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Andrew M. Fearnley

musicologist, opera singer, and diplomat, was born Zelma Watson in Hearne, Texas, the daughter of Samuel Watson, a Baptist minister, and Lena Thomas, a domestic worker. Zelma's parents attached a great deal of importance to education. As the former principal of a boarding school, Samuel Watson instilled into each of his six children an understanding of the value of education; until sixth grade their mother taught all the Watson children at home. The Watsons were also keen musicians, and family music-making sessions were a staple of Zelma's early life. As the eldest of the children, Zelma clearly took note of both of her parents' pet projects and made scholarship and song central to her own life.

Due to her father s job as a preacher Zelma s early life was rather peripatetic At age five she moved to Palestine Texas and then to Dallas Texas at ...

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Michaeljulius Idani

conservative activist, diplomat, and radio personality, was born in Long Island, New York, the youngest of the five children of Allison L. Keyes, a U.S. Army sergeant, and Gerthina Quick Keyes, a homemaker. Keyes spent the majority of his childhood on various military bases. He developed a close relationship with his mother, whom he admired greatly for raising a family under difficult circumstances. Both parents instilled in Keyes a strong sense of faith, which would underpin his later political activism.

From an early age Keyes displayed a talent for public speaking viewing it as an effective means of influencing others particularly in regards to moral issues While attending Robert G Cole High School in San Antonio Texas Keyes became active in debating clubs and civic organizations He competed in numerous speech contests winning the majority of them His oratorical skills aided in his elections to ...

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Wesley Borucki

diplomat, political commentator, and Republican presidential and U.S. Senate candidate. Alan Keyes was born in the U.S. Naval Hospital in Long Island, New York. His father, Allison Keyes, was a U.S. Army sergeant major who served in World War II, Korea, and Vietnam. Young Alan moved often, completing his high school education at Robert G. Cole High School in San Antonio, Texas. At age sixteen he was the first African American president of the American Legion Boys Nation. In a 2001 interview on C-SPAN, Keyes stated that the civil rights movement's “deep questions of justice” moved him toward public service.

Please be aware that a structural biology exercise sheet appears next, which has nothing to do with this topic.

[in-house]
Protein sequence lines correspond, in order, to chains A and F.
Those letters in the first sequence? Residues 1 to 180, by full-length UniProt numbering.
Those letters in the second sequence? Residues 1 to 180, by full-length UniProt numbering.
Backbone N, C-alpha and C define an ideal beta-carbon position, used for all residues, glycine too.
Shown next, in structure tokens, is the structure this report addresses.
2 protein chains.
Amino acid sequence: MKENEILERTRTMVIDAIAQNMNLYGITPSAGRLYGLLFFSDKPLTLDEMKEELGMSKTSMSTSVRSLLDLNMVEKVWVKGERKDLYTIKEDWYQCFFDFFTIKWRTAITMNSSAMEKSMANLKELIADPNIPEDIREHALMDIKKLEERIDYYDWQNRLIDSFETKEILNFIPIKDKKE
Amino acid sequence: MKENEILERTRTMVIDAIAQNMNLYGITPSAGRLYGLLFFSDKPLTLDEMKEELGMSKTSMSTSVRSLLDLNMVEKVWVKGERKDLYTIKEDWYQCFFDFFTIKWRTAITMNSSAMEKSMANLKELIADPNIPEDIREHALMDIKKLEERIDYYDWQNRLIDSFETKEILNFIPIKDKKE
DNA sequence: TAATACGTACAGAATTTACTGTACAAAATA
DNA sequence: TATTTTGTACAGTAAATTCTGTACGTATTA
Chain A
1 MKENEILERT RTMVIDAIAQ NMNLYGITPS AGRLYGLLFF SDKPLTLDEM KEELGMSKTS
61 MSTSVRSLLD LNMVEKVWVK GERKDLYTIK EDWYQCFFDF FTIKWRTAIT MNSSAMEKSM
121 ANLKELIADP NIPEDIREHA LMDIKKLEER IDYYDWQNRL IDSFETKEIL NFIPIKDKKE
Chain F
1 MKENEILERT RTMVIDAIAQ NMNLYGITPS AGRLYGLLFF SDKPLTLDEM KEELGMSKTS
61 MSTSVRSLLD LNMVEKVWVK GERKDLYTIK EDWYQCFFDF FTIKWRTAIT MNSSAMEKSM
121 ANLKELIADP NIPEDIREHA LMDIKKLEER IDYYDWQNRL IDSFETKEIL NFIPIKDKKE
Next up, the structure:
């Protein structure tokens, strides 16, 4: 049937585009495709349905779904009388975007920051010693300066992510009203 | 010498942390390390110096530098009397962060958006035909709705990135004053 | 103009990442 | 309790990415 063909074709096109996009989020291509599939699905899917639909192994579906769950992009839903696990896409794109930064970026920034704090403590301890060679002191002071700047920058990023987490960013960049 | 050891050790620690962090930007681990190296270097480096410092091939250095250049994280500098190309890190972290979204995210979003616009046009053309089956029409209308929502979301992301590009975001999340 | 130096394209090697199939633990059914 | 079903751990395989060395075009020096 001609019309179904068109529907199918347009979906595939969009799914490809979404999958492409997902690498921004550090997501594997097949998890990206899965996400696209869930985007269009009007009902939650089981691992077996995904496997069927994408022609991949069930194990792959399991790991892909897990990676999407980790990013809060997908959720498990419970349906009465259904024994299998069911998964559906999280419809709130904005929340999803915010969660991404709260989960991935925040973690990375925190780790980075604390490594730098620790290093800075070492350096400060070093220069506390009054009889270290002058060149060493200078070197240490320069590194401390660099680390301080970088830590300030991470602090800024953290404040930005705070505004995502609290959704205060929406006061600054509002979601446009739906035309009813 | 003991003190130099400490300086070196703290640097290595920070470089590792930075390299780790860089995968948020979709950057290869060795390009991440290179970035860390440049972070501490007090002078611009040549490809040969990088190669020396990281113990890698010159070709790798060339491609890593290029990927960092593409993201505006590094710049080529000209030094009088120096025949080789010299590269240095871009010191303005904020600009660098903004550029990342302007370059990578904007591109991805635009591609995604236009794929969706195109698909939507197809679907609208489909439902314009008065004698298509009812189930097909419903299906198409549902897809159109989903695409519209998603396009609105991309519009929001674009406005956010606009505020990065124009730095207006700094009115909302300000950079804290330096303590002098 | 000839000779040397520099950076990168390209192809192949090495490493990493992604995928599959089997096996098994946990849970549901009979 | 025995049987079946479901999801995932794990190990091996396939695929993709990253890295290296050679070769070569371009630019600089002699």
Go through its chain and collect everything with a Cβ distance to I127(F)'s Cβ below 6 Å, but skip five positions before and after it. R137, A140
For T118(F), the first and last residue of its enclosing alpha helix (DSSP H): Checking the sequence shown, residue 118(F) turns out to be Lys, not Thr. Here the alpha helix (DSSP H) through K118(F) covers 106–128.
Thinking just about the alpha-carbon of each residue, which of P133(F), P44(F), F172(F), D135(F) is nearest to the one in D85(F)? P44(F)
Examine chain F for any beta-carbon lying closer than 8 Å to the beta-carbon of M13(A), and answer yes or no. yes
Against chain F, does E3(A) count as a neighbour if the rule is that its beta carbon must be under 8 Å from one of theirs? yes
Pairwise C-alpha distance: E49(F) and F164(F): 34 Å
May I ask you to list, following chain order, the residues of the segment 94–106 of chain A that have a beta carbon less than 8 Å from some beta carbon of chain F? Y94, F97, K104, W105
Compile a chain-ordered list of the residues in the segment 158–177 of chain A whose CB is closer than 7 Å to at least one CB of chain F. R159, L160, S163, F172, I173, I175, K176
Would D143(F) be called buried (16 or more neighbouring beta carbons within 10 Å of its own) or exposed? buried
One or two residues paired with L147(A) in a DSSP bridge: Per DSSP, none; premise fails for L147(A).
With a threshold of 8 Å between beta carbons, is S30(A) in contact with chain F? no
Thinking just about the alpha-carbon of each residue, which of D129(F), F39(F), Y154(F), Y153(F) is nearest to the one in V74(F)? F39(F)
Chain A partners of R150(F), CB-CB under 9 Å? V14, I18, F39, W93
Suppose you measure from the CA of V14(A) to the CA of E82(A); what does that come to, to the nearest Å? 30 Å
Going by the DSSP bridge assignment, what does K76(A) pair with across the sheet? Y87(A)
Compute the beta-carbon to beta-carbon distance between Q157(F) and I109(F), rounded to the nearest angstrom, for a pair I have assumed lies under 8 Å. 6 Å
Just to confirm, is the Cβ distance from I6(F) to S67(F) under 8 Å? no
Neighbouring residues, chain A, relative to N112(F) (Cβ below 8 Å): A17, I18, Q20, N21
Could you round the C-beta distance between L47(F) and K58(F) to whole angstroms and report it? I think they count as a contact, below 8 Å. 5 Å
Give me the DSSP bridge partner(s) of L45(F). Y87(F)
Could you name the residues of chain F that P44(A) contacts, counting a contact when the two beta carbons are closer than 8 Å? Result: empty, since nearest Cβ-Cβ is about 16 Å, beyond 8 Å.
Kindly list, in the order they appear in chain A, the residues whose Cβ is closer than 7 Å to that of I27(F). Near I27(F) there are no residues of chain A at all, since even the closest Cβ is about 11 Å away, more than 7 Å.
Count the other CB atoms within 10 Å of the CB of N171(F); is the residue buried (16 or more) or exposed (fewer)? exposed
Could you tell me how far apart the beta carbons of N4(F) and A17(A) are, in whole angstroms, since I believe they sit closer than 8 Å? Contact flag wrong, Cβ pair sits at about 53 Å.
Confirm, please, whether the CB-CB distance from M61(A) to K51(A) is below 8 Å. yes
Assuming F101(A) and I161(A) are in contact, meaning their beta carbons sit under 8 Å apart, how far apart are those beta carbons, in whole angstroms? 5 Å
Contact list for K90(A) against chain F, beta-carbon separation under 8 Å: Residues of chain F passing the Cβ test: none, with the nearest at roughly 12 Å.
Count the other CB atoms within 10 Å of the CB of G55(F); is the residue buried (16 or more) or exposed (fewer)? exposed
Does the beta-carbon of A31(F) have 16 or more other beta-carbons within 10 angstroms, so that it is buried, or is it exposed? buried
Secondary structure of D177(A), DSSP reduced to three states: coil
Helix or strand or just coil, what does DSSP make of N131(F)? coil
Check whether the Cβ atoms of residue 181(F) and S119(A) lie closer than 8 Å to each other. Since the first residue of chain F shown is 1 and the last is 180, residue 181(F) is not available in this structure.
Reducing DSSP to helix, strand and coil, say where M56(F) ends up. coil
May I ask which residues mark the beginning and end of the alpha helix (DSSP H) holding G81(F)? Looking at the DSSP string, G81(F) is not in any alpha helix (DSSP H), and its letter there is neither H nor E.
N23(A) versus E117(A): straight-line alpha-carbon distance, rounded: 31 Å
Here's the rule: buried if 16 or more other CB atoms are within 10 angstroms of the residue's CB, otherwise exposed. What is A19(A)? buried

Keyes attended Cornell in 1969. While at Cornell, he developed a relationship with the conservative philosopher Allan Bloom. Bloom described Keyes (though not by name) in his book The Closing of the American Mind in an anecdote about an African American student who received death threats from ...

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Kadar Ali Diraneh

Somali poet, was born William Joseph Faarax Siyad in Djibouti. His parents were Christians from British Somaliland. Siyad was the only boy in a family of four children that included Marie-Françoise, who would marry the Somali lawyer and future leader of the independence movement, Michael Mariano; Carmelle; and Shamis, who was the mother of the writer Patrick Erouart-Syad. His father, Faarax Joseph, owned a bakery and was an interpreter at the French colonial court in Djibouti. He died in 1938 when Siyad was only seven years old.

Siyad attended the primary school of the Charles de Foucauld Fathers, then went to Aden from 1940 to 1945 to attend Saint-Joseph College, where he learned English. After a brief return to Djibouti, he traveled to France in 1946 with a view to acquiring a bachelor s degree and then go on to graduate studies During a year s stay in Marseilles ...

Article

Betty Kaplan Gubert

Walton, Lester A. (20 April 1882–16 October 1965), diplomat, journalist, civil rights activist, and theater producer, was born Lester Aglar Walton in St. Louis, Missouri, the son of Benjamin A. Walton, Sr., and Olive May Camphor Walton. After graduation from Sumner High School, Walton began his career as a journalist at the Globe-Democrat. He worked as a court reporter, covered general stories, and wrote a column on golf for the St. Louis Star Sayings, later the St. Louis Star-Time, from 1902 to 1906. Walton was thus the first African American to write for a white daily, and he was an active member of the St. Louis Press Club. For a time he also wrote for the St. Louis Post-Dispatch, under Herbert Bayard Swope.

During these years Walton and Ernest Hogan a well known entertainer were copyrighting the words and music respectively ...